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When will the sheep safely graze?

By ucrhrmi, on 12 May 2009

The Guardian today reports that restrictions are still in place on 369 hill sheep farms related to contamination from Chernobyl. A farmer in North Wales describes how “”I remember a meeting with civil servants at the time [1986] and got the impression they thought it would be short-lived. No-one had any idea it would go on this long.”

In the early 1990s, Brian Wynne wrote a series of defining pieces in the ‘contextual’ public understanding of science research discussing Chernobyl fallout and sheep farming in Cumbria. He described how local knowledge of farming conditions was ignored by mainstream scientific advice to government and farmers about the persistence of contamination from the Chernobyl nuclear disaster (Wynne 1992). Wynne describes how assertions from government scientists that the problem would clear up in weeks contradicted farmers’ own knowledges about the contingenices of farming in the Lake District, and took no account of the idiosyncratic features of area. The ‘one-size fits all’ model adopted by the scientists undermined the status of local lay knowledges, and created disillusionment with scientist’s ability to predict and manage risks. The study forms the basis for the ‘contextual public understanding of science’, in which public reception, perception and use of scientific knowledge are seen as not only related to the public’s formal understanding of its content, to “the forms of institutional embedding, patronage, organisation and control of scientific knowledge” (Wynne, 1992:42).

Wynne, B. 1992. “Misunderstood misunderstanding: social identities and public uptake of science.” Public Understanding of Science 1:304, 281.

Wynne, B. 1996. “May the sheep safely graze? A reflexive view of the expert-lay knowledge divide.” Risk, Environment and Modernity: Towards a New Ecology 44–83.

9 Responses to “When will the sheep safely graze?”

  • 1
    Библиотекарь wrote on 24 September 2009:

    Спасибо, хороший блог! хотя я бы кое что добавил по теме…

  • 2
    What do you want to discuss? | Beyond Blogging wrote on 29 September 2010:

    […] Do Cumbrian sheep farmers know things about sheep behaviour that London-based experts from Maff don&#82…? […]

  • 3
    SIGRID BRAMLEY-GONNSEN wrote on 26 April 2012:

    In 1986 Husband and I had our first hill farming year (of 17) in the Duddon Valley, Cumbria. Chernobyl taught us our first lesson: You observe, take note and ADAPT to what is, not THEORIZE as to what MAY be or MIGHT have been,given certain conditions. Fact was -and mind we didn’t know better then – 5 lambs in 30 were born with physical abnormalities, all died.Flocks of neighbouring farmers produced more abnormally developed lambs than usual. In the sparsely settled valley two women miscarried. The government told us not to drink water from our usual supply,the beck off the fell. How did they imagine, we could cart all the water for us and all lifestock to our farm, three hours from the local shop 15 miles away? Our farm was 600ft up and 25 miles east of Sellafield as the wind blows. Monitoring sheep became a way of life; living close to Windscale aka Sellafield aka CalderBridge (name changes followed bad news)was a calculated risk for us.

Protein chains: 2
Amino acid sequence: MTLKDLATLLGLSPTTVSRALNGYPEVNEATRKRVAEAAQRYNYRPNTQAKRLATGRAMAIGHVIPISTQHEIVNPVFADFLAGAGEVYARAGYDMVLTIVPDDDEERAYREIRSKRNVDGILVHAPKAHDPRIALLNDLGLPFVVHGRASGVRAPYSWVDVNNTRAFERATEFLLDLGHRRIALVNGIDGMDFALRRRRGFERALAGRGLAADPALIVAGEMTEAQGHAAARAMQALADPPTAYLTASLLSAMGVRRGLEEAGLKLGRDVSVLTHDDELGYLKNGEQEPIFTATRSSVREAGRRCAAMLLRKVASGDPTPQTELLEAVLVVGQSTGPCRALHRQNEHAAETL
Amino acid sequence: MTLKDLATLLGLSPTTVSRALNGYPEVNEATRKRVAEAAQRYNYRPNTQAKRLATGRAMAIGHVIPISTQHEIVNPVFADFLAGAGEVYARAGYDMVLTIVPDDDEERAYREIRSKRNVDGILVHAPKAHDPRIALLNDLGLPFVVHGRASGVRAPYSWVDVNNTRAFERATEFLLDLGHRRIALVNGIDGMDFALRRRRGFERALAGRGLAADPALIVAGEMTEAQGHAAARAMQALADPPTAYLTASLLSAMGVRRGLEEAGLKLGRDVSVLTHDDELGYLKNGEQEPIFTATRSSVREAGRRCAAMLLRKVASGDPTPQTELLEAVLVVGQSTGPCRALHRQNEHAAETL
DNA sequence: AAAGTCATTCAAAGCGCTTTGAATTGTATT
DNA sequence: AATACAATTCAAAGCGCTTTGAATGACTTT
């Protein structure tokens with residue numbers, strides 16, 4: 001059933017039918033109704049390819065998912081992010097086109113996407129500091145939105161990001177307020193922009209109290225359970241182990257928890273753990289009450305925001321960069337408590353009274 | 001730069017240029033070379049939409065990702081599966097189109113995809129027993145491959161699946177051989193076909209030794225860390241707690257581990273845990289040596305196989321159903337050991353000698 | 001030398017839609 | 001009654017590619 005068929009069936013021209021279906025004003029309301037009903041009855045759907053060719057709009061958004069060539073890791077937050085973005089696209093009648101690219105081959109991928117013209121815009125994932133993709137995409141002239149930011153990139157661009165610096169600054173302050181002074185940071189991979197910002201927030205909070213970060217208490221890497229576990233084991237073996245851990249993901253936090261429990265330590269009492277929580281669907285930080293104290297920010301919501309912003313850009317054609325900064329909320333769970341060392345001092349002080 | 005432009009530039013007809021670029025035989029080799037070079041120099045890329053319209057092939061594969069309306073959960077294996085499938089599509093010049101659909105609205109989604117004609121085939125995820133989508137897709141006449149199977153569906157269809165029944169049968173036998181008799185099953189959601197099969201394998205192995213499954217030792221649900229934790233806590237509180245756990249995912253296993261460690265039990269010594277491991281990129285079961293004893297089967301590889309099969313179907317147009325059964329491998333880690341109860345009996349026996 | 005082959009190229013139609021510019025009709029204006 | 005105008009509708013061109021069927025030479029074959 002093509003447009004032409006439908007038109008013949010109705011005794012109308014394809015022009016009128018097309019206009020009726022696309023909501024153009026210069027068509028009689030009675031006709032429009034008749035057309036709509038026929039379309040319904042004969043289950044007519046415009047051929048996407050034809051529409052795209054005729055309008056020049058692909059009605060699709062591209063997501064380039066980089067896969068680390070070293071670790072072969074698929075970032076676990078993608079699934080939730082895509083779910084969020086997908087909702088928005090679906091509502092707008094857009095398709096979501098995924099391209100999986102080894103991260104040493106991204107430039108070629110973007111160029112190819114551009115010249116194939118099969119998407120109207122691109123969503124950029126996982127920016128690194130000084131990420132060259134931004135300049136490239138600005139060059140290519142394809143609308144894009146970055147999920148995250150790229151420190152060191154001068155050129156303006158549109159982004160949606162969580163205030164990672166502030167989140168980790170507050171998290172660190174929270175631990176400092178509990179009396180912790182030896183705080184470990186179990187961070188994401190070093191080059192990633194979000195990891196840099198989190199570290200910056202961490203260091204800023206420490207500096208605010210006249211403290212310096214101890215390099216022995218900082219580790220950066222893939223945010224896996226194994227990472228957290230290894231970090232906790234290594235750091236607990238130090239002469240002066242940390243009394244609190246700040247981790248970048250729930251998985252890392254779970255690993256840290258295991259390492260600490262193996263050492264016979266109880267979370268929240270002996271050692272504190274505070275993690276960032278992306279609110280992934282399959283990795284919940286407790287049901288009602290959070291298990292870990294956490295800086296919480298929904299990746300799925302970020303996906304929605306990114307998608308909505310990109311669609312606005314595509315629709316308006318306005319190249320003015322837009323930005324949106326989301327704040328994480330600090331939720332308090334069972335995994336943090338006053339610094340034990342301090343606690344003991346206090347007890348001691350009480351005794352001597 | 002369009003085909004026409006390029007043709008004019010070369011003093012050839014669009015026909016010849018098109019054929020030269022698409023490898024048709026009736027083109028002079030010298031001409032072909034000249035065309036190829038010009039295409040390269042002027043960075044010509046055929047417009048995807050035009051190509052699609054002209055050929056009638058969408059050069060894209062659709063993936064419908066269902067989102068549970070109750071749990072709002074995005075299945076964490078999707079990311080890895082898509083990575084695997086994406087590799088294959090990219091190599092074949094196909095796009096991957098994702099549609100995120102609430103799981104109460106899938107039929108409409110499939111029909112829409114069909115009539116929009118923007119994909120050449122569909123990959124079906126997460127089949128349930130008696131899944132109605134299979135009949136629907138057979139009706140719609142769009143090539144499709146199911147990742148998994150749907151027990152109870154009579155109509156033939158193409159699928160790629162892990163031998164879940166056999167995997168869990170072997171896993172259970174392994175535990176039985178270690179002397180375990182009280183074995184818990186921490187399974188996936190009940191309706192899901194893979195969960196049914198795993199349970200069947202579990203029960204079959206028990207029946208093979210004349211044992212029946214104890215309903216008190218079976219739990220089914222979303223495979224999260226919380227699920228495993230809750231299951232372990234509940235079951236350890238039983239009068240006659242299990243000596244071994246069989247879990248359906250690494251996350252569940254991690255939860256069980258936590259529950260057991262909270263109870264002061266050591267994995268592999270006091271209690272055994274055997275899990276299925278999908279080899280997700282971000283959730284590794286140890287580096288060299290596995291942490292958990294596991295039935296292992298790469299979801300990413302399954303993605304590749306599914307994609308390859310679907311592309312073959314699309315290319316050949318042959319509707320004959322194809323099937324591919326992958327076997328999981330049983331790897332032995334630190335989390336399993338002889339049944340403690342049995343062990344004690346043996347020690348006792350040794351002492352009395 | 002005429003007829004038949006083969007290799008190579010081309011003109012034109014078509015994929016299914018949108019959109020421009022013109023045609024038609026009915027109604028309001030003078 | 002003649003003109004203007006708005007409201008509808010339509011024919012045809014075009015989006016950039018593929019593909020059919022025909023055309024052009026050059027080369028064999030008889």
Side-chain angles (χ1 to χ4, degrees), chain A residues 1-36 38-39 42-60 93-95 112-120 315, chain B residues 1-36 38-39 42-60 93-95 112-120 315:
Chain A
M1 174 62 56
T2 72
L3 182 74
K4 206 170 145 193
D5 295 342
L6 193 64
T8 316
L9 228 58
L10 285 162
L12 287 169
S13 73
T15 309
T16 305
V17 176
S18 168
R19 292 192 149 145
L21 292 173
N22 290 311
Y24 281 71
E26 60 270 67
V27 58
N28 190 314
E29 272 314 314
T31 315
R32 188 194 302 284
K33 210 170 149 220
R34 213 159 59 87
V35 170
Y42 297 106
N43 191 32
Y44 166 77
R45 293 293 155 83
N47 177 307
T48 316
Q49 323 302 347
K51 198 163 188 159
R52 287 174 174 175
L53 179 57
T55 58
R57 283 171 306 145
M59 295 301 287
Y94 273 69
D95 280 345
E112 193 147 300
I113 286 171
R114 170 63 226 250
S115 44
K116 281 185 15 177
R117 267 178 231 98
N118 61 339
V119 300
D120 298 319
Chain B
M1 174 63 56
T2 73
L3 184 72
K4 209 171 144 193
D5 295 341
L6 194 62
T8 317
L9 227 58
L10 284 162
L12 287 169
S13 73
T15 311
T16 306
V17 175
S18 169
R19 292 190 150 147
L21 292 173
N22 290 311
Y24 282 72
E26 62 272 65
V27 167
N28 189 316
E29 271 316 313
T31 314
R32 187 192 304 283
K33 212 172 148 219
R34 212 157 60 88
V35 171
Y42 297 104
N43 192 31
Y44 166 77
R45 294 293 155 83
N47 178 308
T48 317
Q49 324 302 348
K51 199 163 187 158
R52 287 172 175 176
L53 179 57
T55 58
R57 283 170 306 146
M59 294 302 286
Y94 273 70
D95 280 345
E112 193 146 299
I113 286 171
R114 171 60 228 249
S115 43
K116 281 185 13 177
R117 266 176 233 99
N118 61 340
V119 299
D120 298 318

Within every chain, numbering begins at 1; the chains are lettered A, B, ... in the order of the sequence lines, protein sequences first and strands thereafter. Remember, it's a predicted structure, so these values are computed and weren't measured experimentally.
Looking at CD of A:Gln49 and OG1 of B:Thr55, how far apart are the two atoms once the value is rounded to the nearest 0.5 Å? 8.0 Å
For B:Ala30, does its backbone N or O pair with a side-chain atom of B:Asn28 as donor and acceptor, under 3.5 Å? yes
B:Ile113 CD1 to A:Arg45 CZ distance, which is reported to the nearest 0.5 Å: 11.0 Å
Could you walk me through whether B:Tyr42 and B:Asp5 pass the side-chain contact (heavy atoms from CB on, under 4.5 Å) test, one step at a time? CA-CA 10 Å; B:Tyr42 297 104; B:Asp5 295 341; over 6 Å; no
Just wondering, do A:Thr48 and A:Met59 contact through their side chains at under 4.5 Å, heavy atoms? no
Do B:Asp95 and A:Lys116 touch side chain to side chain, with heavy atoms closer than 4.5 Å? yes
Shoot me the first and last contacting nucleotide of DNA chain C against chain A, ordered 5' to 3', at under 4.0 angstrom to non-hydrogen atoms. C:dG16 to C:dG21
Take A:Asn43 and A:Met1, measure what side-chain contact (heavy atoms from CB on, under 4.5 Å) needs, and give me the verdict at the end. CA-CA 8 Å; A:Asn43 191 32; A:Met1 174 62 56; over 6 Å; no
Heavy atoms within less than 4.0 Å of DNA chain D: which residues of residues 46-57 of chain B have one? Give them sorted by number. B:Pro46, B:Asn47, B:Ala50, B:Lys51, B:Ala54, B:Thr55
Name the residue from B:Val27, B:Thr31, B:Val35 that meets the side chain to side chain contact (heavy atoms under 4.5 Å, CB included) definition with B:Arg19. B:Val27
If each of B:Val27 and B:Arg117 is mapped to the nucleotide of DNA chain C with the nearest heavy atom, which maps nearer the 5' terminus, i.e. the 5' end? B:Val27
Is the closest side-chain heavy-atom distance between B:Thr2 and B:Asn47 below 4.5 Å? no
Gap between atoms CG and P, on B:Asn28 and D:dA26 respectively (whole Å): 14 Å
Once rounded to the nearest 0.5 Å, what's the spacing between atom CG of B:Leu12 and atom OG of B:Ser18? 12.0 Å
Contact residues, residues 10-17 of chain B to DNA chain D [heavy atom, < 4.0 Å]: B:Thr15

By the time Foot and Mouth arrived in 2001 we had grown a little wiser still.
    My husband died that year at 64 from a heart attack.
    I am 53 and moved to Sweden in 2003.

  • 4
    noel troy wrote on 12 December 2014:

    hello, sigi, Im sure you remember me. its noel troy, playwright, poet extraordinaire. I lived at browside when we first met. if we reconnect it will be a bit of a miracle. you have my e-mail, and im currently living in london. my phone number is 07811407697

  • 5
    Lampadaire Design wrote on 25 June 2012:

    The contamination of water due to industries is a common fact in developing World. This is certainly creating more danger to live stocks day by day.

    The UN should come heavily on this front in various countries around the World. If stringent efforts are not taken now then I don’t feel that the sheep would ever graze safely in future.

  • 6
    Maya Carter wrote on 4 July 2012:

    Unjudicious urban planning and contamination of land and water resources is causing a great threat to live stock. There needs to be wide spread awareness and a strong step needs to be taken in this regard.

  • 7
    Johnson Alexa wrote on 28 August 2012:

    Contamination of water due to industrial waste is a common fact. We need to make some strict guidelines how to dispose the industrial wastes so that we can save water for our coming generation . Also I strongly feel that the local knowledge of farming conditions must not be ignored by mainstream scientific while advising the government.

  • 8
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  • 9
    Liana wrote on 6 October 2022:

    thanks for info